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Your Q&A guide to fire safety at home

When you think about house fires, bushfires might come to mind. But in reality, it’s everyday things like appliances that are the leading cause fires at home1. Here are some of the answers to some commonly asked fire safety questions and tips to keep you and your home safe.

Can piggybacking power boards cause a fire?

Yes, poor maintenance and incorrect usage of power boards, including overloading them, can cause home and office fires2. Only place one plug into each outlet and don’t use double adaptors on a power board. Keep them tidy and clean, paying special attention to dust build-up in the sockets. The fire service recommends using power boards with safety switches or circuit breakers3. Importantly, check all electrical equipment has an Australian Standard or Regulatory Compliance Mark4.

Can phone chargers cause a fire?

Yes. Phones and chargers come with a risk if they malfunction or aren’t used in line with manufacturer guidelines. To help prevent overheating, only use approved charging devices from the manufacturer and charge items on surfaces that won’t burn and away from blankets or flammable materials. Most manufacturers and authorities also recommend devices are unplugged as soon as possible after they’re charged5.

Related article: 7 fire safety tips for the holidays

Is it safe to run a clothes dryer if you’re not home?

Cleaning the lint from the trap in front loading tumble dryerIt may be convenient but running a clothes dryer if you aren’t home can pose a serious fire risk. Fire authorities recommend they're supervised while in use and encourage regular maintenance to manage risk6. Lint filters should be cleaned before every use to prevent the drum from overheating. A dryer’s vent pipe should also be cleaned of lint every three months or even more regularly if a dryer is used daily. It’s also a good idea to avoid overloading your dryer with too many clothes and let the cool-down cycle finish to reduce the risk of hot clothes igniting.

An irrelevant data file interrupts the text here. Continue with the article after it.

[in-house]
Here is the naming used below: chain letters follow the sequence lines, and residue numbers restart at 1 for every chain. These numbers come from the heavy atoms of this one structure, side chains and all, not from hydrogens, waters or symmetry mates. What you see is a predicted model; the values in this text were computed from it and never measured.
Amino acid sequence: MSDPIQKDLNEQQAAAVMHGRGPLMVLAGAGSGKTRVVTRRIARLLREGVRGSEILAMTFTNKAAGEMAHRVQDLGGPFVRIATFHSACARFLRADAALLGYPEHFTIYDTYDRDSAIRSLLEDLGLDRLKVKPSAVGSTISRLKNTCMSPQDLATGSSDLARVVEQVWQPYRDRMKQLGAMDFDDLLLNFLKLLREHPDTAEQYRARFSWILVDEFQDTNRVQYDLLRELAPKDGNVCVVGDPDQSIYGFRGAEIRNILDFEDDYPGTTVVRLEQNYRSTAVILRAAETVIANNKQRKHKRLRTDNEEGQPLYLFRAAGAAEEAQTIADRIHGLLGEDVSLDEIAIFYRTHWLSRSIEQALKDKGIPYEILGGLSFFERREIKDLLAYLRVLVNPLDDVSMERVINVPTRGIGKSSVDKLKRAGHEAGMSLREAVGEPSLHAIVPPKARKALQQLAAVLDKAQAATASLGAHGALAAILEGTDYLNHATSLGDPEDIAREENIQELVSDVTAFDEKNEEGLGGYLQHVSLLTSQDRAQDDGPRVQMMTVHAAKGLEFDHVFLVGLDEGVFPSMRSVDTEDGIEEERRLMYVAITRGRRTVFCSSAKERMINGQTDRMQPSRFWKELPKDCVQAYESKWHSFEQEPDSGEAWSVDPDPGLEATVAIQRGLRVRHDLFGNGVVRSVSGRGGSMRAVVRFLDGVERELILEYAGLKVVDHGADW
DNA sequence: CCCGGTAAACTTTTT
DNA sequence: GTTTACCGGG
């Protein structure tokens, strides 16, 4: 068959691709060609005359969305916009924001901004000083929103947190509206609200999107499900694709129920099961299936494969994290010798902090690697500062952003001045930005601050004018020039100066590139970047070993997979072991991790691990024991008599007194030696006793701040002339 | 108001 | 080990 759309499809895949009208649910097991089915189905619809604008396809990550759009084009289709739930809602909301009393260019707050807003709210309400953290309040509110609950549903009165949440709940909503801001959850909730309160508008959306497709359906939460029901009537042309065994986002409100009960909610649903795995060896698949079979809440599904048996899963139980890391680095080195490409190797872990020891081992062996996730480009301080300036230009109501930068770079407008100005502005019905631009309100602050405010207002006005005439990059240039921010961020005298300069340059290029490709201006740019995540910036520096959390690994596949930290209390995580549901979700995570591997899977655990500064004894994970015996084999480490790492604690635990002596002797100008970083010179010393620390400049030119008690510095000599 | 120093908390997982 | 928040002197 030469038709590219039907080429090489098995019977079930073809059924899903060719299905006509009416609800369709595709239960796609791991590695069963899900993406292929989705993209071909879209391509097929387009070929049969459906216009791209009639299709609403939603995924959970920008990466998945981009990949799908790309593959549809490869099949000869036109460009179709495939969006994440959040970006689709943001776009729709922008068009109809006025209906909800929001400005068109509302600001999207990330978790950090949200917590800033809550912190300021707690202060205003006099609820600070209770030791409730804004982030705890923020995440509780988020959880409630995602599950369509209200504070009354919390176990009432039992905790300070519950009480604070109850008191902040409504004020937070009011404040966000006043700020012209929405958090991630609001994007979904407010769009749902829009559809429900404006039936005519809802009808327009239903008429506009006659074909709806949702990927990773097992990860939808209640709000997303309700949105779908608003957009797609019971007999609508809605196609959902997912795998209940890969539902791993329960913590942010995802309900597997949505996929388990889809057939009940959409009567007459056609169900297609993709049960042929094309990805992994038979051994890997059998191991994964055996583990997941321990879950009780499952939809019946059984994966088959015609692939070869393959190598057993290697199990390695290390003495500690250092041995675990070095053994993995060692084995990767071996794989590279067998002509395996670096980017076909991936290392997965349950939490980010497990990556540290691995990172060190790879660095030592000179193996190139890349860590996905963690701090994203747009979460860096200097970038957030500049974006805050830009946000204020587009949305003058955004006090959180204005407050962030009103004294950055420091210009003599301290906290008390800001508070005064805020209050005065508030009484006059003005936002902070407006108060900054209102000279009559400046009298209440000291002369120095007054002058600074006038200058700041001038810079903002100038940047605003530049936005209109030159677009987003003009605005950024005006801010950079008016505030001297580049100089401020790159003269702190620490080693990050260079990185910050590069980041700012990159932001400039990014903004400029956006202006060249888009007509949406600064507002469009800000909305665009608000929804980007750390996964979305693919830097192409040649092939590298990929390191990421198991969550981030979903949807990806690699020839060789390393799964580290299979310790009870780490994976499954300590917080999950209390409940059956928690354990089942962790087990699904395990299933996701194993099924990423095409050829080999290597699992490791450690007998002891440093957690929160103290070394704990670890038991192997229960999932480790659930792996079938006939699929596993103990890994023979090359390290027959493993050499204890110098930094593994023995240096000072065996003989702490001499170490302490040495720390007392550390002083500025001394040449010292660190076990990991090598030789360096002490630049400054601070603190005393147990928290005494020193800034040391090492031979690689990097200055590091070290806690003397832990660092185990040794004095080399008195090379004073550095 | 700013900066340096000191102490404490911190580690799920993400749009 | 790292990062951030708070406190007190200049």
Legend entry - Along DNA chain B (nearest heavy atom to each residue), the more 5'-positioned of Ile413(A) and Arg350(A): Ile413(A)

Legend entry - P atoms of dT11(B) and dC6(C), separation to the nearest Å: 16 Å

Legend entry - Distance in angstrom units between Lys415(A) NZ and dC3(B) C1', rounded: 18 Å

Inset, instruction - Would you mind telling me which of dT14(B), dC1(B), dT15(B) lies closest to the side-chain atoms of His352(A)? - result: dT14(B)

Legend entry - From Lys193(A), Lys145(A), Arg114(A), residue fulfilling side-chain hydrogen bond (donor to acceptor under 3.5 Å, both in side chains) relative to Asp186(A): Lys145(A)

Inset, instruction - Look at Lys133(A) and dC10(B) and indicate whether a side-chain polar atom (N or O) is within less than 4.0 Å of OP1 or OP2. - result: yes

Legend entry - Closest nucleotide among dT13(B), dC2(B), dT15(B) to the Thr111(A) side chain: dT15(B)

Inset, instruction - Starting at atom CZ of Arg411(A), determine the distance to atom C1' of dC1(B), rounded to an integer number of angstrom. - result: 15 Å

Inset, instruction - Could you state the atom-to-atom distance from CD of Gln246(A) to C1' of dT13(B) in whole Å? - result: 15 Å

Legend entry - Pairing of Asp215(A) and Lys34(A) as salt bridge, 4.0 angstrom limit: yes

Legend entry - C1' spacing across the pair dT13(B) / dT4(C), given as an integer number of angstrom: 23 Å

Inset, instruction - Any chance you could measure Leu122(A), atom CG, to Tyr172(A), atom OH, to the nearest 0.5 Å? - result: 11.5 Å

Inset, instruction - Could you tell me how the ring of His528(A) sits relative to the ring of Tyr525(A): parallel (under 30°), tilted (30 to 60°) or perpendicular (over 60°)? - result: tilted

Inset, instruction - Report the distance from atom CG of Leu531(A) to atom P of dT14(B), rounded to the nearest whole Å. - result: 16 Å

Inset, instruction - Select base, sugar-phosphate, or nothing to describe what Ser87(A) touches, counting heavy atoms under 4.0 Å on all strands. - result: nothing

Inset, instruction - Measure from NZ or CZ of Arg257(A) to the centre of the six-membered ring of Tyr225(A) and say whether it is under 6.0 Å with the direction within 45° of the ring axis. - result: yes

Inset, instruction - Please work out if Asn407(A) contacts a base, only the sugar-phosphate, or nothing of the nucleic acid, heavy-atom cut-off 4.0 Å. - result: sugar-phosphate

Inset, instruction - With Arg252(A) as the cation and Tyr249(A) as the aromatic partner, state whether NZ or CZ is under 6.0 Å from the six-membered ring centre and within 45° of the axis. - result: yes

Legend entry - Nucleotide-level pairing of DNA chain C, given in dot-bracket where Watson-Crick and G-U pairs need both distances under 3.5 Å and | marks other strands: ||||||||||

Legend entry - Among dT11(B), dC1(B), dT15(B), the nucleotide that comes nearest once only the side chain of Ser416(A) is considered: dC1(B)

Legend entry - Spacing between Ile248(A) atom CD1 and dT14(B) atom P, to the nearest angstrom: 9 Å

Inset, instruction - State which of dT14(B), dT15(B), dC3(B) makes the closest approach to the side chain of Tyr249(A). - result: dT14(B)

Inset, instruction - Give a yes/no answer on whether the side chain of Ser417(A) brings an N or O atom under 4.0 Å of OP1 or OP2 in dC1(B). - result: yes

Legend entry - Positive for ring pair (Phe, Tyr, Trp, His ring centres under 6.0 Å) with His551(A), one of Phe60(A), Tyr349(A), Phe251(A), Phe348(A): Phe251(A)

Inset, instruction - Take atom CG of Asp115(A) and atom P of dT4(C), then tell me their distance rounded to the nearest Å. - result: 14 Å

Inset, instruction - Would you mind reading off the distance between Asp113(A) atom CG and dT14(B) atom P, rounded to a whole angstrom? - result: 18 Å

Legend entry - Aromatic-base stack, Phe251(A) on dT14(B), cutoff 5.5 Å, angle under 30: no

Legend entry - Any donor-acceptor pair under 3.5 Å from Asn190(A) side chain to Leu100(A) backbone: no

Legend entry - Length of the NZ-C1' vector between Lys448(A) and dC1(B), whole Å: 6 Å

Can dishwashers cause a fire?

Yes, fire investigators have reported fires caused by dishwashers, usually due to an electrical fault7. Things like a small fault with a wire connector, or a cracked circuit board can lead to high heat and melting of soldering material and spark a fire. As with most electrical appliances, it's best not to run dishwashers overnight or when you are sleeping just in case something goes wrong.

Can a hair dryer or straightener start a fire?

Yes, particularly if they’re used on surfaces that can burn8. When you’re using heated hair appliances, make sure they’re not placed on surfaces that could burn and ensure they’re not heating by flammable materials like clothes, curtains or paper. Turn them off if you leave the room and don’t leave them on for extended periods.

What can cause a fire in an oven or microwave?

Placing metallic items in a microwave could cause sparks that ignite. That includes recycled paper towels which can contain tiny metal specks. A build-up of grease can also ignite a fire, so keep your oven, rangehood and stove nice and clean9. And of course, never leave cooking unattended. Leaving cooking unattended is the leading cause of home fires in NSW10.

Can candles, incense and oil burners cause a fire?

Yes. Keep candles, incense and oil burners on a stable surface away from curtains, and never leave them unattended. Importantly, always remember to put them out when you go out or to bed. Hide matches and lighters from curious children and consider using child-proof lighters.

Related article: Four risks to your home, and how to combat them

Can heaters cause a fire?